Missouri taxpayers could be in store for a tax cut beginning in January. Gov. Mike Parson has vetoed a proposed $500 million rebate plan for some taxpayers and plans to instead call a special session sometime this year to have lawmakers work on reducing the income tax rate to about 4.7% or 4.8%.
“The answer to record inflation, high gas prices and increasing grocery bills is not to make the same spending mistakes as the federal government,” said Parson. “In Missouri, we want to provide permanent tax cuts for permanent relief – not temporary stimulus.”
State House Budget Committee Chairman Cody Smith, R-Carthage, led the charge on the proposed tax rebate. Smith told Missourinet he agrees with the governor’s concerns that the plan would have left out some earners.
“I would love to have a permanent tax cut and I certainly think it should be for all taxpayers instead of just some taxpayers based on their income,” said Smith. “And so, I’ve learned through the legislative process in the spirit of compromise, not to let perfect be the enemy of good. House Bill 2090 was the best thing we could get at the time and I was happy to get it.”
Smith said he’s all ears on what the governor has in mind.
“I would love to learn more about what he intends and we’ll certainly go to Jefferson City optimistically looking to do just that. Anytime the governor would like to cut taxes, I’ll be on board with that and look forward to working with him and the Senate to get this done,” said Smith.
He said the devil will be in the details and he wants to get to work on the package as soon as possible.
Under Parson’s plan, he wants to increase the standard deduction allowance and pare down the number of tax brackets. The governor hopes to cut income taxes entirely for individuals who make $16,000 or less in a year or for couples filing jointly who make less than $32,000.
According to Smith, there were also discussions during this year’s legislative session about a tax cut.
“Tax cuts can be very complicated tax policy is very complex,” he said. “And so, conversations about what tax you cut, and how much can oftentimes become very cumbersome, especially in the latter half of a legislative session. So, the idea that we had was more I think of it as a pressure release valve. We had a lot of money in state treasury, a lot of money left over after we crafted the state’s largest budget in the history of the state. And so, I thought House Bill 2090 was a good way to give some tax relief to taxpayers, and then we could get on to the next legislative session next year, where we could potentially look at taking a larger, longer view of a permanent tax cut. And so yes, the discussion was had but it really there wasn’t enough time to put forward a thoughtful package.”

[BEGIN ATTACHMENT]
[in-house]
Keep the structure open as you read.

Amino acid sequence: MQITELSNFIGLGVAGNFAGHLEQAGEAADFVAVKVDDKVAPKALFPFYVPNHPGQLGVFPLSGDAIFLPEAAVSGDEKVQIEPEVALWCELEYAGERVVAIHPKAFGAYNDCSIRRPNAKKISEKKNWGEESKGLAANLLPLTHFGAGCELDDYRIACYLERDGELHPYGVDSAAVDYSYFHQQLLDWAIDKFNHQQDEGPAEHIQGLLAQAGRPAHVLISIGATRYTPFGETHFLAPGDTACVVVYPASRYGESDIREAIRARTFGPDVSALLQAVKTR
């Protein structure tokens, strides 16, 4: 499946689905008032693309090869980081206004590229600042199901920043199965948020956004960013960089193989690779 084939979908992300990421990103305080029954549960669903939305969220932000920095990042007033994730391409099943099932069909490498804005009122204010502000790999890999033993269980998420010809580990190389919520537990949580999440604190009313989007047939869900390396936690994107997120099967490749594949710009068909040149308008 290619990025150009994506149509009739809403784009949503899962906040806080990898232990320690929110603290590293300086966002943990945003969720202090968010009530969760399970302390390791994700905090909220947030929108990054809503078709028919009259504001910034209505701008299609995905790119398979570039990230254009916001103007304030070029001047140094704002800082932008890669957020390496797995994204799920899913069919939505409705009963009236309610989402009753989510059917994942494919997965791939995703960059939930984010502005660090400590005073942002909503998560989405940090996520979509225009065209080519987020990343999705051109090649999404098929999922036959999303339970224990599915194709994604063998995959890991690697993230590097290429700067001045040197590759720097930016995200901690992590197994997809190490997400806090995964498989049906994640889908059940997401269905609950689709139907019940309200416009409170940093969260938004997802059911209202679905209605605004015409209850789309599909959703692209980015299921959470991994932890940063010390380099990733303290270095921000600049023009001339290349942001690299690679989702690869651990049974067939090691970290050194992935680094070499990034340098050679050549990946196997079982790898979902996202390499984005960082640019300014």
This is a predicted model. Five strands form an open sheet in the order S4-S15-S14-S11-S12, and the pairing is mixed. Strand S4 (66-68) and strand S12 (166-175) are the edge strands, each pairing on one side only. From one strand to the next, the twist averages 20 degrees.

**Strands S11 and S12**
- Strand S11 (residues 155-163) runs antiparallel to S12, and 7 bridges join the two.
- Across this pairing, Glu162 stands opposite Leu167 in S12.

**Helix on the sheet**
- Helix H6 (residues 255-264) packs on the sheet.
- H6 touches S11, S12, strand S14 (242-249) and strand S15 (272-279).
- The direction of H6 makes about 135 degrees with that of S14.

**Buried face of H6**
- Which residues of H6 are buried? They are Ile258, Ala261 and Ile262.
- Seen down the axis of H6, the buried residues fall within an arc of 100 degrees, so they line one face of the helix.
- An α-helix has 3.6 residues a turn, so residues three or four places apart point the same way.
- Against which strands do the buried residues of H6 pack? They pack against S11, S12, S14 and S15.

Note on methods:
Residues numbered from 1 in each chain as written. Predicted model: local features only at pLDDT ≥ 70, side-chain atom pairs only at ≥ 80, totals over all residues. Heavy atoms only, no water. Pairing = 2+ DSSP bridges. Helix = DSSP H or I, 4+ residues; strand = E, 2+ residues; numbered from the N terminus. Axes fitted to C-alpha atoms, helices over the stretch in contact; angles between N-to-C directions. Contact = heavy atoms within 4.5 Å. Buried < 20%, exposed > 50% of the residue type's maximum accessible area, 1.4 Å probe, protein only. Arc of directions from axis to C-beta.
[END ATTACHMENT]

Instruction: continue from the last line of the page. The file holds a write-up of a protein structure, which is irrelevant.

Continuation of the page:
Smith said Missouri has nearly $2 billion of unbudgeted money.
“As we are on the backside of the legislative session, it becomes more clear every day from a revenue perspective, from a budgetary perspective, that we can afford a permanent tax cut. So that’s more clear now than it was even some months ago,” he said.
The overall cost of the package is unknown at this time.
Senate Appropriations Committee Vice Chairman Lincoln Hough, R-Springfield, said he is disappointed that the governor decided to veto what he said could have been “a financial shot in the arm for countless hardworking Missourians.”
“When I first proposed this idea back in February, I couldn’t imagine we would be where we are today with gas prices nearing $5 a gallon and skyrocketing food prices — and its only getting worse,” said Hough. “While the governor’s actions are frustrating and disappointing, I am committed to doing everything I can to provide critical tax relief to every citizen of our great state. Missourians are struggling, and the citizens of our state shouldn’t have to choose between putting gas in their car and putting food on their table. I look forward to working with my colleagues in the General Assembly, as well as the governor, to pass a tax cut in the near future that allows the men and women of our state to keep more of their hard-earned dollars where they belong — in their pocketbook.”
House Bill 2090, sponsored by state Representative Dave Griffith, R-Jefferson City, would have allowed Missouri’s state workers to be paid once every two weeks, instead of semimonthly or monthly.
Parson also vetoed a bill that would have provided two-year extensions to the tax credits under the Missouri Agriculture and Small Business Development Authority, which he says is ‘problematic’. According to the governor, taxpayers see a $2 to $3 return for every dollar invested in programs like this, but he says the short extension would place that return in jeopardy. During the special session, the governor wants the legislature to extend the terms of these tax credits to six years.
To listen to the Show Me Today interview with Missouri House Budget Committee Chairman Cody Smith, click below (14:41).
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